Music trumps drama in S.F. Opera “Luisa Miller”
“…the star of this “Luisa Miller” was tenor Michael Fabiano, who brought a high-voltage blend of tonal beauty and fearless athleticism to the role of Rodolfo. Over the course of the evening, it emerged that there was simply nothing Fabiano couldn’t achieve — from limpid, sweetly lyrical phrases to full-throated and intricate passagework, all of it delivered with honeyed but muscular tone.
Not even the dramatic absurdities of the piece seemed to hold any terrors for him. Rodolfo’s sense of betrayal when he believes that Luisa has betrayed him (thanks to machinations too boring to delve into here) was conjured up with an air of wonderful immediacy. All those virtues came together most thrillingly in the Act 2 aria “Quando le sere al placido,” in which Rodolfo reminisces about happier times with Luisa and then faces down the villainous (and aptly named) Wurm — Fabiano’s performance here was simply breathtaking.
San Francisco Gate
San Francisco Opera season opener, a stellar cast carries a dull staging
“Fabiano’s warmth and power of tone were complemented by the air of genuine despair he exuded. Never has an operatic murder-suicide seemed more plausible. The emotionally cold show suddenly became profoundly affecting.”
S.F. opera allures with “Luisa Miller”
“Tenor Michael Fabiano offered a splendid account as Luisa’s lover Rodolfo. Fabiano gave a passionate, dramatically agile performance while alternately wooing and scorning his beloved Tyrolean maiden. Fabiano was superb with his luscious tone, sublime phrasing and outstanding passage work, most notably in his Act 2 aria, ‘Quando le sere al placido.'”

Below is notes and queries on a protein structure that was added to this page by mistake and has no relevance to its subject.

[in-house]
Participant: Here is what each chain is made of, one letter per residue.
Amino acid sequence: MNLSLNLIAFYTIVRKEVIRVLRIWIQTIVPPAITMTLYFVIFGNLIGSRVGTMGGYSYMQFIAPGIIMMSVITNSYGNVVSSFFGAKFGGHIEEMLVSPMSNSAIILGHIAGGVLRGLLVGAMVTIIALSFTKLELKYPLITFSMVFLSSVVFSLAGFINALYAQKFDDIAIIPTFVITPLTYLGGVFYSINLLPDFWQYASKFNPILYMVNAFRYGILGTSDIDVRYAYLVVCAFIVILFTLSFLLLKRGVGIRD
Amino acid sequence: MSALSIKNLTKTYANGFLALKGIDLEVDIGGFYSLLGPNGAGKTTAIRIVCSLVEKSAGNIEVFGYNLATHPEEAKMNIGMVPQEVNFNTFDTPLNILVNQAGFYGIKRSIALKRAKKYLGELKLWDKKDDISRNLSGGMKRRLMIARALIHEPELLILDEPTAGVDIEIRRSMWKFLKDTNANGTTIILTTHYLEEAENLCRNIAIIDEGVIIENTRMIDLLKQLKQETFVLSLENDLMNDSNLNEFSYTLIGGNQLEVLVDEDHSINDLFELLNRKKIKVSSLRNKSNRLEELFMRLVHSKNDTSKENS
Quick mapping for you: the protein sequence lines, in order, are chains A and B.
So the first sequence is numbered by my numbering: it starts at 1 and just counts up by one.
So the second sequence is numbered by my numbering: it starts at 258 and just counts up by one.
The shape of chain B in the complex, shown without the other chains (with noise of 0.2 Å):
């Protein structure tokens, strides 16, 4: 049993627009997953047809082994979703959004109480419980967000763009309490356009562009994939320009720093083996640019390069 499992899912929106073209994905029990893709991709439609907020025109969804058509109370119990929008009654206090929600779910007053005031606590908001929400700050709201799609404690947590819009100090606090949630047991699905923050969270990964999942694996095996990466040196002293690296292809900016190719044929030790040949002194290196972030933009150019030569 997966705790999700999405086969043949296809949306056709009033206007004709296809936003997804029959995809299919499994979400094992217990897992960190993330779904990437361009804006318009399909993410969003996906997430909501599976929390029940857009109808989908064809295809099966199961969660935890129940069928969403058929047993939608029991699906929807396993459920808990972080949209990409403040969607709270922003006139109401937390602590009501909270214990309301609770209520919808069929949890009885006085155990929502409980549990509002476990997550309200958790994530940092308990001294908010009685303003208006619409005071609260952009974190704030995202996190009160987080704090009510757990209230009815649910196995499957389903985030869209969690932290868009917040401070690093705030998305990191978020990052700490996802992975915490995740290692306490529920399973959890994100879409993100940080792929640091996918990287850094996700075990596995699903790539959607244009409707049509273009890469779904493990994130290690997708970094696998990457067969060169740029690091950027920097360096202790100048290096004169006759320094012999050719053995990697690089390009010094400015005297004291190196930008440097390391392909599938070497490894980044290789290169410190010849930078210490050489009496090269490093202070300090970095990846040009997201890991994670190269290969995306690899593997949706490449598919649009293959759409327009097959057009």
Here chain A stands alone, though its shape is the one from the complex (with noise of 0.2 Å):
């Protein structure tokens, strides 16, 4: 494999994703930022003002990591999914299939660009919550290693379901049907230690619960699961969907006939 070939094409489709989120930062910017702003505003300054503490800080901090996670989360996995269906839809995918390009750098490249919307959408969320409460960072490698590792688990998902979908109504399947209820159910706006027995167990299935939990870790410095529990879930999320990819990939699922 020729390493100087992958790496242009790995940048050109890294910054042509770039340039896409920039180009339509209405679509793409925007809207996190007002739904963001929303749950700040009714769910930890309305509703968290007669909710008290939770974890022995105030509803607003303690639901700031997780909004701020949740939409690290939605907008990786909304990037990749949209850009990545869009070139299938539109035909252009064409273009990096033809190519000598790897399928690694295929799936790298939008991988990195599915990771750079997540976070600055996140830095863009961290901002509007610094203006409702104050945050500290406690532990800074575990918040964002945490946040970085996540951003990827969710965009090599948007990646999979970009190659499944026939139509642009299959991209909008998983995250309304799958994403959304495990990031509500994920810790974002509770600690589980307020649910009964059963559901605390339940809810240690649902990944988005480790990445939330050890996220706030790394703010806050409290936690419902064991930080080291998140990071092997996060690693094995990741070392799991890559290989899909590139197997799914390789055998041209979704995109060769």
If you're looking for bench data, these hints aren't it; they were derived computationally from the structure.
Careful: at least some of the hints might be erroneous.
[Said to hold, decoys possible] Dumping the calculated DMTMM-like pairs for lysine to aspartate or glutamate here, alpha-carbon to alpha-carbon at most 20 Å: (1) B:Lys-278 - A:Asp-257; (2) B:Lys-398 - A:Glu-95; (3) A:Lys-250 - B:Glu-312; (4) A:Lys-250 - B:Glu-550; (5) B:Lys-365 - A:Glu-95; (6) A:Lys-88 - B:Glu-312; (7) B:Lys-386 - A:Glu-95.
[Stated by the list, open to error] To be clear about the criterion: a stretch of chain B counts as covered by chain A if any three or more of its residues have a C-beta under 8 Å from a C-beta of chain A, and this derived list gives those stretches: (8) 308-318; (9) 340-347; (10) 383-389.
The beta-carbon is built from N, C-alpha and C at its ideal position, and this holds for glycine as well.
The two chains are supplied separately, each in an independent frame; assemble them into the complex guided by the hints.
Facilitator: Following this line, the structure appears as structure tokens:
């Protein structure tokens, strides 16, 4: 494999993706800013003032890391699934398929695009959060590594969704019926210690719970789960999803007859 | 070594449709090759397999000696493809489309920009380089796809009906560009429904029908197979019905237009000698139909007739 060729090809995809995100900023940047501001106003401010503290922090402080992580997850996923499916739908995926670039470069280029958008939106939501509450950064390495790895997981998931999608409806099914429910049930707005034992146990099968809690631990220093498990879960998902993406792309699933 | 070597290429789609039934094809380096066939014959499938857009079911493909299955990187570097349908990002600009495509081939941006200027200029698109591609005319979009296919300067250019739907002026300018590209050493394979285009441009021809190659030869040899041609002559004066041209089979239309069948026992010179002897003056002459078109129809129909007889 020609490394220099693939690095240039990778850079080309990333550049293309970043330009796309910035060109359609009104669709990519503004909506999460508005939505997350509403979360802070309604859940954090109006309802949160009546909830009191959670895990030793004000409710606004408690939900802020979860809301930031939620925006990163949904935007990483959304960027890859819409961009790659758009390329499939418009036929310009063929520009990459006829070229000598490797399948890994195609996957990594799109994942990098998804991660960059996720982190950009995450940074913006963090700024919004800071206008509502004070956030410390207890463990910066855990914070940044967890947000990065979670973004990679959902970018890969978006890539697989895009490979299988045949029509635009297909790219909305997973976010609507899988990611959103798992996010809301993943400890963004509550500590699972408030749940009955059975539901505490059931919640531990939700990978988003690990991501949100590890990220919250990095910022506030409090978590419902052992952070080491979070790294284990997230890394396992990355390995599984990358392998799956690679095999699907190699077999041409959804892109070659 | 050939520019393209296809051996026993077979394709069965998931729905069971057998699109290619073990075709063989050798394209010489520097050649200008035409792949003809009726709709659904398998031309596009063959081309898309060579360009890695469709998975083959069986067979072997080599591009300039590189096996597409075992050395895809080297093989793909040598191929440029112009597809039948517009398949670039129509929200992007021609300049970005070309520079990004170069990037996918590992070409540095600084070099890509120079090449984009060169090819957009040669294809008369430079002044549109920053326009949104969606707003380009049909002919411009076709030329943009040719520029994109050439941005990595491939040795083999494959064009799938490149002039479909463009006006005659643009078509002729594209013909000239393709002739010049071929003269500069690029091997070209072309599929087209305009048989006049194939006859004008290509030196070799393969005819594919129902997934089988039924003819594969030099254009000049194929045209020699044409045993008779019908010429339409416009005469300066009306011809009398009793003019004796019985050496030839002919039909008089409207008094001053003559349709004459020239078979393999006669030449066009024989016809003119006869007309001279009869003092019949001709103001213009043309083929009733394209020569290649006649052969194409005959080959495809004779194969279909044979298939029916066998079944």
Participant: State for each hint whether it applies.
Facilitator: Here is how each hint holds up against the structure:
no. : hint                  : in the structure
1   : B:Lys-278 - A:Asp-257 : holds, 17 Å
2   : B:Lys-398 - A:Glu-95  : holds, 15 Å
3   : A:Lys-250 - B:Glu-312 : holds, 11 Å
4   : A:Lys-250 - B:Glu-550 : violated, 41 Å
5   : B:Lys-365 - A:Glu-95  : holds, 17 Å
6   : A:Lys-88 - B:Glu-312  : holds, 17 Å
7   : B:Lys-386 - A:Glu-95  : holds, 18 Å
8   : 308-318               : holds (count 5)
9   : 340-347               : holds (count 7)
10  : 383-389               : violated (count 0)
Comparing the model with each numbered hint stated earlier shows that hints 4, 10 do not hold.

San Francisco Examiner
Uneven “Luisa Miller” carried by Great Performances
“For much of the evening, Verdi’s tragedy simmered along without really catching fire. Then, in the second half, tenor Michael Fabiano turned up the heat. Singing Rodolfo’s aria “Quando le sere al placido,” Fabiano gave an impassioned, fully committed performance, delivering the music with big, rich tone and elegant phrasing. The aria comes just after Rodolfo realizes that he’s losing the title character — the woman he loves and hopes to marry — and Fabiano, one of the music world’s fastest-rising stars, seemed to pour his soul into it. It was a breathtaking, “you were there” moment, the kind that opera lovers treasure, and the audience responded with a long, heartfelt ovation.”
San Jose Mercury News
Michael Fabiano’s star ascends in Verdi’s “Luisa Miller”
The San Francisco Opera opened its 2015-16 season with a rousing revival of Verdi’s “Luisa Miller”. Famously a “tenor’s opera”, it is unabashedly a vehicle for the brilliant lyric tenor voice of Michael Fabiano, a rapidly rising star on the world’s operatic stages.
Only the third tenor to appear in San Francisco as the opera’s hero Rodolfo (his predecessors were the legendary Luciano Pavarotti and the young Marcello Giordani), it was a triumphant evening for Fabiano, with a resounding and deserved ovation for Rodolfo’s great aria Quando le sere al placido.